The first clients accepted are probably the clients with the highest value to the prostitute and as more hours of a person’s time are allocated to prostitution, clients with a lower value are probably accepted and this lowers the average.

This seems to square well with that for women with a higher education prostitution is a sideline, but for all women for whom prostitution is a sideline, the hours will probably be more productive on average than for those women for whom it is not a sideline. It seems to me that for those women for whom prostitution is a sideline, the marginal cost curve is probably higher. Education is one reason for this, but I can imagine that there are other reasons as well.

38 Kabal August 11, 2014 at 10:08 am

1. Education is correlated with conscientiousness and IQ, the latter of which is correlated with physical attractiveness, the number one feature men seek in women.
2. Higher IQ and higher conscientious women will be better at non-sexual aspects of the job, like setting up infrastructure for scale (e.g. websites) and better at scheduling/logistics, or better at hiring and managing third parties for these things.
3. Higher IQ women will be better at charming and/or manipulating their clients into seeing/paying them more.

39 The Other Jim August 11, 2014 at 11:45 am

>Are there general lessons here for the rate of return to education?

Yes, and it’s the same one that’s been well-known for centuries.

The education itself is largely worthless. It is, however, a good signalling mechanism that shows the recipient is capable of producing value.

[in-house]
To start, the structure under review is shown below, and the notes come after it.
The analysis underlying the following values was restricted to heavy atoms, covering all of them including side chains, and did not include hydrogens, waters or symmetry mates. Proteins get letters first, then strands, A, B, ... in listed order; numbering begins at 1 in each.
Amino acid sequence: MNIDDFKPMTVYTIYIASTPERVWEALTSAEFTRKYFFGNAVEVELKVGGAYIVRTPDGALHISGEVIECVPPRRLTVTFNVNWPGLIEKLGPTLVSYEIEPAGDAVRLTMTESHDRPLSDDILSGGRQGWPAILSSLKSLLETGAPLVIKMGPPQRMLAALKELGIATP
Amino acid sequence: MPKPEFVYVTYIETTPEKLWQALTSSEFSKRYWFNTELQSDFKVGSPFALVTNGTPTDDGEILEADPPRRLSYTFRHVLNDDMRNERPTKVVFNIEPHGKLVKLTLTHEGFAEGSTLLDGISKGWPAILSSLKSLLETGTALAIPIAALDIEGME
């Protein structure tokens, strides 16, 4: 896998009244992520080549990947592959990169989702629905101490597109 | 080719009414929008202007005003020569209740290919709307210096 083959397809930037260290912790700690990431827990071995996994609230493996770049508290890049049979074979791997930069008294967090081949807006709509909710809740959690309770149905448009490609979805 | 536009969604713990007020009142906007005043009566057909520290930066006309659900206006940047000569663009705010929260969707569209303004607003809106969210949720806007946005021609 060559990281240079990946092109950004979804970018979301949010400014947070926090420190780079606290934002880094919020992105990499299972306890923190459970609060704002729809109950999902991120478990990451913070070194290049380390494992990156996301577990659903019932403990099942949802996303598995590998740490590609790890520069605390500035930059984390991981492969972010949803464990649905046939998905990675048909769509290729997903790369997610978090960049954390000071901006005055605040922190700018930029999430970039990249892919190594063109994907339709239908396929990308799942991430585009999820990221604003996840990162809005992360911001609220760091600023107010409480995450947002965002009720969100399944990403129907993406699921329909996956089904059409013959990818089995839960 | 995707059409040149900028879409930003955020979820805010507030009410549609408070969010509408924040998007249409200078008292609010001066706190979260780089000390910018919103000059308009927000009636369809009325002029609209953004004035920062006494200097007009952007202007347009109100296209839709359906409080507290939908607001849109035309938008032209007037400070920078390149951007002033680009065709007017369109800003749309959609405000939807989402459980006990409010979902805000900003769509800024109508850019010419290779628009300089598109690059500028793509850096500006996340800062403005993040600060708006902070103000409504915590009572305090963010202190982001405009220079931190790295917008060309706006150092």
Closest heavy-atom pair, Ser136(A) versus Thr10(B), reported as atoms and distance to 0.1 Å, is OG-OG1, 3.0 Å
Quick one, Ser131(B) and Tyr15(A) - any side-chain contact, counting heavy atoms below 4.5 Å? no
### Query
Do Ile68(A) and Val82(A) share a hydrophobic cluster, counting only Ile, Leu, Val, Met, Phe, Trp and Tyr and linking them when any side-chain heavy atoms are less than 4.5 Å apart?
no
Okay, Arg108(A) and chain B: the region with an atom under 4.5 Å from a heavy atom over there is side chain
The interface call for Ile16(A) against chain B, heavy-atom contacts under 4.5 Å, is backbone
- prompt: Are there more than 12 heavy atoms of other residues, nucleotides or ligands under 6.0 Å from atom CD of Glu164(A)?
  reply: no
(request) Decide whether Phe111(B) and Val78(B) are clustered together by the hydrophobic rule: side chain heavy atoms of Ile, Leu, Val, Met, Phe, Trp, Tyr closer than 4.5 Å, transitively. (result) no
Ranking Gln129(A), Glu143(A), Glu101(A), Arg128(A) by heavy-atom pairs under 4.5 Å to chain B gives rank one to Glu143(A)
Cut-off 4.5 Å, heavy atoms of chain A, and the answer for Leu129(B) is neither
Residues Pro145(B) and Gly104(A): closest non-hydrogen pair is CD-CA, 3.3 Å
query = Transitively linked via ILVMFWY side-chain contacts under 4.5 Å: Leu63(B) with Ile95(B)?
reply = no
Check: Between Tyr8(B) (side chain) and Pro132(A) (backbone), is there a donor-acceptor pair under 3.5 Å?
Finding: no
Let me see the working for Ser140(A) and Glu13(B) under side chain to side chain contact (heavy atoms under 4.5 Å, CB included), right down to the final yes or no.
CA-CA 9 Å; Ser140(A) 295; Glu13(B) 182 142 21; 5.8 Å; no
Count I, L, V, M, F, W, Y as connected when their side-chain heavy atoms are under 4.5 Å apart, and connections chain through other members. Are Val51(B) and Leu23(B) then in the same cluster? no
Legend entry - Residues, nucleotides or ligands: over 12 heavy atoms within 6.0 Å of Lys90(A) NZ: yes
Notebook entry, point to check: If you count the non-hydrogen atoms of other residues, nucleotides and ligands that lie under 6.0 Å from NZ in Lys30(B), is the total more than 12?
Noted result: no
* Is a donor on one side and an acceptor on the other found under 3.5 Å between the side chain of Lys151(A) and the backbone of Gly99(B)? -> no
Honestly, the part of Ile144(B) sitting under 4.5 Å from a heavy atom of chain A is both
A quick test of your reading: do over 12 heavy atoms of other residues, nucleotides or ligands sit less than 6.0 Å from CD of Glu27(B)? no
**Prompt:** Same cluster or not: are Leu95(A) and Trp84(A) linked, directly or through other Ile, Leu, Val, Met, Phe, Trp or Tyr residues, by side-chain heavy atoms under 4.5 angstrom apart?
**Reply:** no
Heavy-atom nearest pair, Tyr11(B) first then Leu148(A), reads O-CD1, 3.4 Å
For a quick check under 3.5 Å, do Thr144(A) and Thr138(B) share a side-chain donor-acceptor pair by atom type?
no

40 dsgntd_plyr August 11, 2014 at 12:02 pm

“Are there general lessons here for the rate of return to education?”

You misspelled “IQ.”

41 A Definite Beta Guy August 11, 2014 at 12:43 pm

I’m more interested if this has anything to do with “those new service sector jobs” we hear so much about 🙂

42 Arthur B. August 11, 2014 at 4:50 pm

Many are rushing to try and explain a direct education effect, but there’s a much simpler explanation. More educated prostitutes have better alternative and thus only the ones who can command higher prices (for whatever reason, which may be totally unrelated to education) work in the field.

43 Dan King August 11, 2014 at 5:44 pm

My book on the economics of prostitution explains all of this in much more detail. It’s entitled ‘Hookernomics: The Business of Sex’, and is available on Kindle only (including KindleUnlimited).

44 asdf August 11, 2014 at 6:08 pm

Why do I get the feeling the MR commentator set is intimately familiar with this subject.

45 Scoop August 11, 2014 at 6:24 pm

I don’t know how this discussion occurs without the words “opportunity cost.”

A college graduate can make good money in other professions, so prostitution would only attract those women who can make very good money as prostitutes.

A high school dropout might get into prostitution even if she made very little because her lack of education would hinder her ability to make money elsewhere and make other options less appealing.

It’s not necessarily that education makes prostitutes earn more. It may just be that education prevents all but women with very high earnings potential go into prostitution.